The Naga Hills is now the state of Nagaland, formed in 1963 after an armed insurrection demanding sovereignty led by the Naga National Council. It later fractured into several groups, dominated by the National Socialist Council of Nagalim and its different factions. This insurrection was led by the Nagas’ desire to be left alone and not be included in the Indian Union. British bureaucracy had fragmented the Naga ancestral homeland and this continued when the Indian and Burmese governments began their rule.
When India became independent in 1947, Naga areas were split between India and Myanmar, with the boundaries marked arbitrarily, based loosely on British demarcations. Not only did this separate the Naga lands, but the division of the Nagas internally into Nagaland (where majority of the Nagas live), Manipur, Arunachal Pradesh and Assam is a legacy of British colonialism, perpetuated by the Indian state to divide and rule – with continued violence inflicted with impunity.
The injustice and colonial violence that divided the Naga ancestral homelands did not appear in the administrative, missionary and ethnographic writings of the time. In contrast, our ongoing dialogue and research framework with the Pitt Rivers Museum must ensure the Naga people’s voice is now central to the way we engage with the collection.
Re-crafting the story
Given that the Naga collection at the Pitt Rivers Museum has remained largely inaccessible to the Naga community, the experiences of colonialism are often treated as archival data where issues of ethics and community consent have been ignored. We believe that re-crafting the story of the Naga collection rests with the Naga community.
Any repatriation of Naga ancestral remains must recognise the complex geo-political boundaries of the Naga ancestral homelands in contemporary India and Myanmar. One of the first questions we encountered was to whom do we repatriate the ancestral remains?
We have contacted various Naga communities to discuss these issues. Some were open to bringing ancestors back so they can be reburied, while others were more apprehensive. What sort of burial will they be given? Would it be a Christian one? How do we ascertain if pre-Christian rituals would be more apt, and how might these traditions, now largely suppressed, enable the dead to be honoured?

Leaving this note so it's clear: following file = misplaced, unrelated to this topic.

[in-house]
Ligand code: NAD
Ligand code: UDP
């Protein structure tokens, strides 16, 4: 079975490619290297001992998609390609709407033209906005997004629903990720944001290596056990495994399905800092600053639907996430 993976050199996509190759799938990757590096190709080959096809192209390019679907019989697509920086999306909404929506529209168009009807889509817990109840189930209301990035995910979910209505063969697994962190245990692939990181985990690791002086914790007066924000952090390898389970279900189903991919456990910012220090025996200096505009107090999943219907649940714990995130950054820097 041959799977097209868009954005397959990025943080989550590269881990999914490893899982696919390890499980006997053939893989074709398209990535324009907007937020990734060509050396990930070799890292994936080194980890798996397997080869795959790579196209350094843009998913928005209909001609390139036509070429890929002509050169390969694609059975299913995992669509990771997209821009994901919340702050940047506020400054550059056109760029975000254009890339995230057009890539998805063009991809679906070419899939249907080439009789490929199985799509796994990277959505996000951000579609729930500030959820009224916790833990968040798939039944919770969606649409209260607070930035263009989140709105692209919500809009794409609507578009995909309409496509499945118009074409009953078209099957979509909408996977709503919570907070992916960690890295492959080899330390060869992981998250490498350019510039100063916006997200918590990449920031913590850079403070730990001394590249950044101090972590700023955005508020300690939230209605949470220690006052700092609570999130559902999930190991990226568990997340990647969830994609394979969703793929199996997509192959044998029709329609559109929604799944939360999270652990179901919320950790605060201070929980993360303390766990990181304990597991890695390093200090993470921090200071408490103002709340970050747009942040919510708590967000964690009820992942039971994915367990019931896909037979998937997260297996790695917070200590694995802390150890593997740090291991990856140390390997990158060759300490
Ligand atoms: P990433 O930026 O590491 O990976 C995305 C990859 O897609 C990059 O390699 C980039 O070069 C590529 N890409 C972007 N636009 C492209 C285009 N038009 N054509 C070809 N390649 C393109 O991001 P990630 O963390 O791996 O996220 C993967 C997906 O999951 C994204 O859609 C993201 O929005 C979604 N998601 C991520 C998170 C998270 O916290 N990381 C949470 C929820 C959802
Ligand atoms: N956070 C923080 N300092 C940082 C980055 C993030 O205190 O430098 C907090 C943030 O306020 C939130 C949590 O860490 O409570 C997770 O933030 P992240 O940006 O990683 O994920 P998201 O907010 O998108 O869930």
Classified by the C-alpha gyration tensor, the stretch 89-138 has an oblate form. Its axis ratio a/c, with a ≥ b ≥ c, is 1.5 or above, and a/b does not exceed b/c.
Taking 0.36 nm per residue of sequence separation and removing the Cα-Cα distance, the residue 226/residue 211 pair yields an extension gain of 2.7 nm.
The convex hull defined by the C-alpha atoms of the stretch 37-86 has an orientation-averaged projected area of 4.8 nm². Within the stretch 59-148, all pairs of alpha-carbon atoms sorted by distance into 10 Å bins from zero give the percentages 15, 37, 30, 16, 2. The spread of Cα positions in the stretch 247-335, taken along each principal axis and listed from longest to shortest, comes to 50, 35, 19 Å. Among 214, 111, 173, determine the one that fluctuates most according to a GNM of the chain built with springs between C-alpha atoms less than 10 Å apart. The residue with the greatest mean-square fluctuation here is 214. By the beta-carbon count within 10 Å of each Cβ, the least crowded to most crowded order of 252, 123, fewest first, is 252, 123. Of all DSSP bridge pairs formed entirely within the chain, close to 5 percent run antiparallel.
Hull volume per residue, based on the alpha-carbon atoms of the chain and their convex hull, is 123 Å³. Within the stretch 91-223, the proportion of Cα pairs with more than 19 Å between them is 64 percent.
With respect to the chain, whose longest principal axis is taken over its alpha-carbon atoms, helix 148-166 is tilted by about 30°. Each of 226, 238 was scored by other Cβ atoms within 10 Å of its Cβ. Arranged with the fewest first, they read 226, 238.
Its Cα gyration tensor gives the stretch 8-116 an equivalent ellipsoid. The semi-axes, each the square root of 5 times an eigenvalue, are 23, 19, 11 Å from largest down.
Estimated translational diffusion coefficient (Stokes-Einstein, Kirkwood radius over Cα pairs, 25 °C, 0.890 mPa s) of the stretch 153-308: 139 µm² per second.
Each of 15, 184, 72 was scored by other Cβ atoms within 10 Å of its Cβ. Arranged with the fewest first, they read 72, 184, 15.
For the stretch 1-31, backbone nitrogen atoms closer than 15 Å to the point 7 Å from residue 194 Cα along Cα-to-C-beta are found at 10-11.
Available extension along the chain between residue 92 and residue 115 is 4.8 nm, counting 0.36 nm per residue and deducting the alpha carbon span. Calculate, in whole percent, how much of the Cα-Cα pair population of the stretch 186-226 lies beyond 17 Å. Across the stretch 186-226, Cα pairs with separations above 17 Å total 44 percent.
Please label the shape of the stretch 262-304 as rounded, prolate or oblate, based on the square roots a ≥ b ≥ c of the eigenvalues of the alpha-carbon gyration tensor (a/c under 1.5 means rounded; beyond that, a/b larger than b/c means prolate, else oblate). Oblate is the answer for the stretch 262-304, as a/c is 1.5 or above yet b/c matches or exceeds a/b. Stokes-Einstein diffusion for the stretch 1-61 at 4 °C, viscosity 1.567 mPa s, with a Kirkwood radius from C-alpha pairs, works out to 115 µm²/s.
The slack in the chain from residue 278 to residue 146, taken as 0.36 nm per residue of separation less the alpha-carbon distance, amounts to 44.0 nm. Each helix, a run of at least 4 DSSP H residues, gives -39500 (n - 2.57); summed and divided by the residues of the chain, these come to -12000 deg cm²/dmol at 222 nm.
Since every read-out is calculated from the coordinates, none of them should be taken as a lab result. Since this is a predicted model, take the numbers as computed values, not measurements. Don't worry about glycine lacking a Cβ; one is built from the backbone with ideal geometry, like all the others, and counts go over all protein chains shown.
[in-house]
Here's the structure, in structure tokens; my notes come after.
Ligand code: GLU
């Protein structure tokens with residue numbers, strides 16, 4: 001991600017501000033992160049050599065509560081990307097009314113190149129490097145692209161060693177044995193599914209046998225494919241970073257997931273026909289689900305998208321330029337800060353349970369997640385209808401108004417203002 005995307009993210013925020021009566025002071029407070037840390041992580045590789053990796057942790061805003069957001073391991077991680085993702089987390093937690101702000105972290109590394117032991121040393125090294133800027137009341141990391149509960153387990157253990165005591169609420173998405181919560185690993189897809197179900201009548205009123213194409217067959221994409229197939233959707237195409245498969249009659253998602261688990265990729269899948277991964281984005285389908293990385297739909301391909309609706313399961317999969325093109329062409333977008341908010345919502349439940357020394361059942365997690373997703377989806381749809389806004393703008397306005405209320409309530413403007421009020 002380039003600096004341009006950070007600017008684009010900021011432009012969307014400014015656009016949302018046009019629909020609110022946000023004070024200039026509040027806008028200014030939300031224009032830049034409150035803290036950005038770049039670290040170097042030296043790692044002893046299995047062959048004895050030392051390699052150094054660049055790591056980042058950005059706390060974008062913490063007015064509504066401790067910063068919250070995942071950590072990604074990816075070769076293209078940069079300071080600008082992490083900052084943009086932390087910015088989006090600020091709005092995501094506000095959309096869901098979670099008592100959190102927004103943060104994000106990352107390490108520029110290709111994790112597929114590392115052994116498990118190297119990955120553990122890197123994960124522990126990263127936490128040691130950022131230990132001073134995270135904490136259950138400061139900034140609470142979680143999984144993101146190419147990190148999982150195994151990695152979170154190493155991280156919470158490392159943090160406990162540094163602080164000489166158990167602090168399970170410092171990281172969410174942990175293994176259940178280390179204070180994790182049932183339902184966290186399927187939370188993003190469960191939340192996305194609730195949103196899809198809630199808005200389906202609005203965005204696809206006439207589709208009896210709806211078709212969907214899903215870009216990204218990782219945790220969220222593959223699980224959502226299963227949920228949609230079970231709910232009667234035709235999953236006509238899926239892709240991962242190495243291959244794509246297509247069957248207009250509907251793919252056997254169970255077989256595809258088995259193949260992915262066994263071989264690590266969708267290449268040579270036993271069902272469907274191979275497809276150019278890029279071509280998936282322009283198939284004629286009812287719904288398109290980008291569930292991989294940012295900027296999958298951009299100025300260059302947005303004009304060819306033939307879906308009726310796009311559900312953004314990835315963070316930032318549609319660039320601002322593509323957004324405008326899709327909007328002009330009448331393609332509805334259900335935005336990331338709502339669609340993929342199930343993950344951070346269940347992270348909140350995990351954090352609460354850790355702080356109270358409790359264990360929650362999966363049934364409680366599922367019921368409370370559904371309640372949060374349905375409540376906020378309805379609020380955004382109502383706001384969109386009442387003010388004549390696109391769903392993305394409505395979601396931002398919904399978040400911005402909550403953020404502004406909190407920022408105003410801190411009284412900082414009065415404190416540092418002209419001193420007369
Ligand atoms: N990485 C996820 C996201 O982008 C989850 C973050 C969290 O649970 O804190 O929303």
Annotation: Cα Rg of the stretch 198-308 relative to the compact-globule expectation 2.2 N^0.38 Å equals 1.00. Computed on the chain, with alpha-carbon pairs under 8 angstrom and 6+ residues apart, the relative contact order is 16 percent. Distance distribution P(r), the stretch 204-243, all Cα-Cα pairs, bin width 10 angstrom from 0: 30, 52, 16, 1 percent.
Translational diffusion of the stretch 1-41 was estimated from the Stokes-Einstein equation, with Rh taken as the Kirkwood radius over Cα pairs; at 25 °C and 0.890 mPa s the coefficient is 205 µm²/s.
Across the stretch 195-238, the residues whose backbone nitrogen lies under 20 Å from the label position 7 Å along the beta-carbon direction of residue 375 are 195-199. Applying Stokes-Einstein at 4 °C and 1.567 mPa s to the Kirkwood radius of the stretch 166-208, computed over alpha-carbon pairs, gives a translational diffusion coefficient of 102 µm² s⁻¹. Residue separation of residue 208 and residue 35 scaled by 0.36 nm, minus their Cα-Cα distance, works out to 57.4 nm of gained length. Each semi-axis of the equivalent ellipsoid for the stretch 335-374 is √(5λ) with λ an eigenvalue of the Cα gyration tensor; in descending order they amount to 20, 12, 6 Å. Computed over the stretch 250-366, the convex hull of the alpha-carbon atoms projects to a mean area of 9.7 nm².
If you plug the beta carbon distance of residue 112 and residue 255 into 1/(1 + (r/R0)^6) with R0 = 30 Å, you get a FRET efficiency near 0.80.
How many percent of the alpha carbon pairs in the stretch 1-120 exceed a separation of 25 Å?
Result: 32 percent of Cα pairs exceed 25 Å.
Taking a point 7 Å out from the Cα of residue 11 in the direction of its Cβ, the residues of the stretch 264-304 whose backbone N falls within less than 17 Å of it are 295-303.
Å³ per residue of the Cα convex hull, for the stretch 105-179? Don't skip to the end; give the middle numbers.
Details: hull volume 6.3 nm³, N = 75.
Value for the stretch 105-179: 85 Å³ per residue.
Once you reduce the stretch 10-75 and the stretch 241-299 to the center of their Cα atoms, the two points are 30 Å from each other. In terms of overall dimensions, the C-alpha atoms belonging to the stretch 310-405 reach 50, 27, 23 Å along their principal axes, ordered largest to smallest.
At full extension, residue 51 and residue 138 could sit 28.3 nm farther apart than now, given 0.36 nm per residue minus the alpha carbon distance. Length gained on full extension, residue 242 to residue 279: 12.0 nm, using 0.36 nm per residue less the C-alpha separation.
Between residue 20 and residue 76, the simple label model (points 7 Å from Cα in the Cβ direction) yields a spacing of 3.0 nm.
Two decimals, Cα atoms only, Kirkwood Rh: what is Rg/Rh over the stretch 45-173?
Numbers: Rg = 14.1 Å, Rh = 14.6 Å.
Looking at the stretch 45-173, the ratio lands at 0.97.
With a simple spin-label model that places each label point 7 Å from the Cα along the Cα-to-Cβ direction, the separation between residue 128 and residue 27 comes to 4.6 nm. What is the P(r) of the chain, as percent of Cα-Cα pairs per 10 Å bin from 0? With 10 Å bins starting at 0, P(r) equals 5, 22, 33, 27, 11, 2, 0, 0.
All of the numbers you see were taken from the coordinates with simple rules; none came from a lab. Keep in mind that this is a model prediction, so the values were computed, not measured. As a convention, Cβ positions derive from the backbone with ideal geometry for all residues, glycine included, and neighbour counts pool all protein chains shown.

Would it be more appropriate to collectively mourn ancestors through the creation of a national memorial? Some tribes were more direct in their responses. If these remains were part of war and their heads taken as trophies (before the British looted them), then there is a tradition of not asking for them back.
Towards apologies and justice
The answers to all these questions are still uncertain. This is just the beginning of our quest to understand the untold stories, events and memories that remain buried. We have inherited the cultural trauma of colonialism that previous generations rarely spoke about. Would a demand for a public apology from the British Government, as some of the communities have voiced, begin to heal the wounds of colonialism?
The work ahead of us is daunting, but as a research team, we are committed to documenting the stories of the Naga ancestral remains and the journeys they have undertaken from their homes in the Naga areas to entombed spaces inside museums. Like vast jigsaw puzzles, there are still many pieces to fall into place.
Reconciliation and healing of the land are not simply tropes that need to be discussed. They must be embedded in a process where the community takes ownership and custodianship, and, through that, offer a more humane approach towards decolonisation and justice.
Picture credits: Naga warriors – Nastasic/Getty; Museum – Pitt Rivers Museum, University of Oxford; Naga women – Matthias Kestel/Getty